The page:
- BEN NOVAK
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Washington / Morocco Board News- To the youth of Morocco: I have never lived in Morocco or been there. Therefore, I do not know any of you personally; I know you solely by your presence on the internet—your “web-persona,” as it were. In this regard, I feel that I have personally come to know the electronic image you project—at least in English—as intimately as possible.
I have also studied your country and followed the development of your economy, government, and society for a long time, and most especially since the Great Arab Revolution of 2011 began. You have a remarkable country and therefore I care very much about the future of your revolution.
You know old men: we are always giving young people advice. What else are old men good for? Therefore, I hope that you will allow this old man to offer some advice based on what events look like on the web.
Although I am only a crotchety old man, my heart goes out to all the youth of Morocco at this important time in Arab history. A long overdue revolution is sweeping North Africa and the entire Arab world. It would be like commanding water to flow uphill to expect Moroccan youth not to want a revolution in their own country—any revolution—just to be able to hold their heads up high to the rest of the world—especially to other Arabs.
For, what young Arab-Moroccan is not proud of their fellow Arabs who have stood up to tyranny and stared it down in the streets of Tunis and in Tahrir Square—and are now facing bullets, tanks, and bombs in Libya, Bahrain, Yemen? And what young Moroccan is not concerned about the question he or she will inevitably hear from other Arabs—and even from his or her own future children: “What part did you play in the Great Arab Revolution of 2011?” What young Moroccan today does not yearn to answer: “I made revolution, too.” If I were young, I would want to be there making revolution with you.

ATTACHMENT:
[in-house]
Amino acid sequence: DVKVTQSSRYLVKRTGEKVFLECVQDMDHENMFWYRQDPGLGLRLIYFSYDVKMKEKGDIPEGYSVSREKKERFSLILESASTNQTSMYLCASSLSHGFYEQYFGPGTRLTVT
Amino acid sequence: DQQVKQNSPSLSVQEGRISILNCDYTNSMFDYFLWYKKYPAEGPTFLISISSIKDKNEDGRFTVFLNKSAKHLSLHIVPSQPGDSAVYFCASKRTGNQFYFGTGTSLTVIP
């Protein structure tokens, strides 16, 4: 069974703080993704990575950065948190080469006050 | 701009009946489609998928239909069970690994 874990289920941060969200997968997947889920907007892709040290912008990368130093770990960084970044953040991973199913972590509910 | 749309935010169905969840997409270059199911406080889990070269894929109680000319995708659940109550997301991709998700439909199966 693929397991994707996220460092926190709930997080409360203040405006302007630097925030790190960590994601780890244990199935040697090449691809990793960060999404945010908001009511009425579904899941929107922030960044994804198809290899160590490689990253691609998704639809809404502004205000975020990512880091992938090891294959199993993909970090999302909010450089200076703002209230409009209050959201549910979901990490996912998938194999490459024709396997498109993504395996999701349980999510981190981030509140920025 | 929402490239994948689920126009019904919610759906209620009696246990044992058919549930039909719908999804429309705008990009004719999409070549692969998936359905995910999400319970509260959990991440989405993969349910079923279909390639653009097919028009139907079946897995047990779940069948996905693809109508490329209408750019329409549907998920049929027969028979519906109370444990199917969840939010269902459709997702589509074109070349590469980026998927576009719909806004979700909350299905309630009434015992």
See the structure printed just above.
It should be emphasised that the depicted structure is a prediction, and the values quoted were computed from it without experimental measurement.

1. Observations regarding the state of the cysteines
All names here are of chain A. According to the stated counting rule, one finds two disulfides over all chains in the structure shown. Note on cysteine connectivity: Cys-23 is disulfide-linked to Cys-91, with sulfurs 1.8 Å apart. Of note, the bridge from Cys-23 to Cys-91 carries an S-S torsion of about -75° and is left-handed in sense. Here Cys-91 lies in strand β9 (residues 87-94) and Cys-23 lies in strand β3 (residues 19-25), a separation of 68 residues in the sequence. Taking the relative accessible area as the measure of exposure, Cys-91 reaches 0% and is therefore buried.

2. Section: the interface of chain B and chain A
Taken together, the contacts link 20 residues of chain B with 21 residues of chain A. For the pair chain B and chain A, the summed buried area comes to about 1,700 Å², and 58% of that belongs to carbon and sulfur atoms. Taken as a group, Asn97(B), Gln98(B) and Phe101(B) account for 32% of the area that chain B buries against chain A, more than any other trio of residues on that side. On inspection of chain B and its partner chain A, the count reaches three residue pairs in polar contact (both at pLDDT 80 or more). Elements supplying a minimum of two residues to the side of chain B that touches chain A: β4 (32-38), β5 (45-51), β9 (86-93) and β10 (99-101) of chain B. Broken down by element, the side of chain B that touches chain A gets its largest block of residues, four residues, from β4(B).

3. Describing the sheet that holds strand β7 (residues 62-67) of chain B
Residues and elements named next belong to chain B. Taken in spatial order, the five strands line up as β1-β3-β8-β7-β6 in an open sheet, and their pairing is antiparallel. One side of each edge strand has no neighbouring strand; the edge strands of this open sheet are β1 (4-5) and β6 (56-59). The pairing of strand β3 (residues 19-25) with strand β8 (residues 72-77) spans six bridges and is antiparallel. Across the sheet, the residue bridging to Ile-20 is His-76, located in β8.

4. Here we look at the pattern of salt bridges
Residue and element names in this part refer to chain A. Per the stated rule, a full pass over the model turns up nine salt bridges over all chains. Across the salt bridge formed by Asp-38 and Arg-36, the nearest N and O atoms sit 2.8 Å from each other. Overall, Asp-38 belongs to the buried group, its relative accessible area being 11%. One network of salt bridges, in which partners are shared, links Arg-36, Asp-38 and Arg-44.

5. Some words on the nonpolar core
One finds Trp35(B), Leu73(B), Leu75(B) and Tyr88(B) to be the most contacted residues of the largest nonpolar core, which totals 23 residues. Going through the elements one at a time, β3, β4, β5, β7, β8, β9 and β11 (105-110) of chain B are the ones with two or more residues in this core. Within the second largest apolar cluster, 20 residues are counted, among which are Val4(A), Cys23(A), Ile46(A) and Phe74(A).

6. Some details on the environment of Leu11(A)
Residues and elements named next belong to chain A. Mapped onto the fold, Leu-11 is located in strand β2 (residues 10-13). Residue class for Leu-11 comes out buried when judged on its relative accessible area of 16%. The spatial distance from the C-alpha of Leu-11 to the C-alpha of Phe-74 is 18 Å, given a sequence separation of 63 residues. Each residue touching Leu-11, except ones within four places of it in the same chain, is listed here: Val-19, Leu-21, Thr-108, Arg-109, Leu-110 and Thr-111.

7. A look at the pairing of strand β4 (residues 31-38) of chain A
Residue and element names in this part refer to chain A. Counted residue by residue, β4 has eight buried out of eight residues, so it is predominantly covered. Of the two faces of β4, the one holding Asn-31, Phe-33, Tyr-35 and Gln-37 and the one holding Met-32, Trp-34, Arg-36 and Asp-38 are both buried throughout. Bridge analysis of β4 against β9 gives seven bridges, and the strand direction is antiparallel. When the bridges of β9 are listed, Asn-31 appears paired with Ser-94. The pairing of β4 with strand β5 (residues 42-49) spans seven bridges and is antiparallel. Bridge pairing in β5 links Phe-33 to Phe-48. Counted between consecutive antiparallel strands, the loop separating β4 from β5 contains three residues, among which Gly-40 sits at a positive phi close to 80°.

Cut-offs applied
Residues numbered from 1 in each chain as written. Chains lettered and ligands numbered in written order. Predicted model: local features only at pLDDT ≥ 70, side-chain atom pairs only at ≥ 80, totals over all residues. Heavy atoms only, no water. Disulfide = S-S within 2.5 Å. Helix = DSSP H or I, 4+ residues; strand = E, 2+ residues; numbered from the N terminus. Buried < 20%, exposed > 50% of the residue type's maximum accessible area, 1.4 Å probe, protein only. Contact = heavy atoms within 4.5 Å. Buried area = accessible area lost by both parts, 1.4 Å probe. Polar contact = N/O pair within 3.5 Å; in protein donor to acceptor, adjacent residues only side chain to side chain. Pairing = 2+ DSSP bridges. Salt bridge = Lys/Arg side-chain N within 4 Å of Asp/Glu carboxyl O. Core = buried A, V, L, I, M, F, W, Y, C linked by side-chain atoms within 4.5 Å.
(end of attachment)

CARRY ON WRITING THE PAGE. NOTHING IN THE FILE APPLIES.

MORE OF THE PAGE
But, if you will let a wizened old man have his say, this is what I would advise you: 1) when you make revolution, think first of what you are doing—because a lot of revolutions are regrettable affairs; 2) there is more than one thing about which to make a revolution; and 3) there is more than one way to make a revolution.
Let’s start with the first point. The first Arab revolution of modern times was the Great Arab Revolt of 1916. This was a revolution against the arbitrary and corrupt rule of the Ottomans. Arab youth then joined with the British and French who were at war with the Ottoman Empire because it was allied with Germany in World War I. Arab youth and their allies won. But what was the result? It merely allowed the British and French to carve up the Middle East with arbitrary lines and establish their colonial rule over it. Most of the rest of the 20th century has been spent on trying to throw off the results of the Great Arab Revolt of 1916.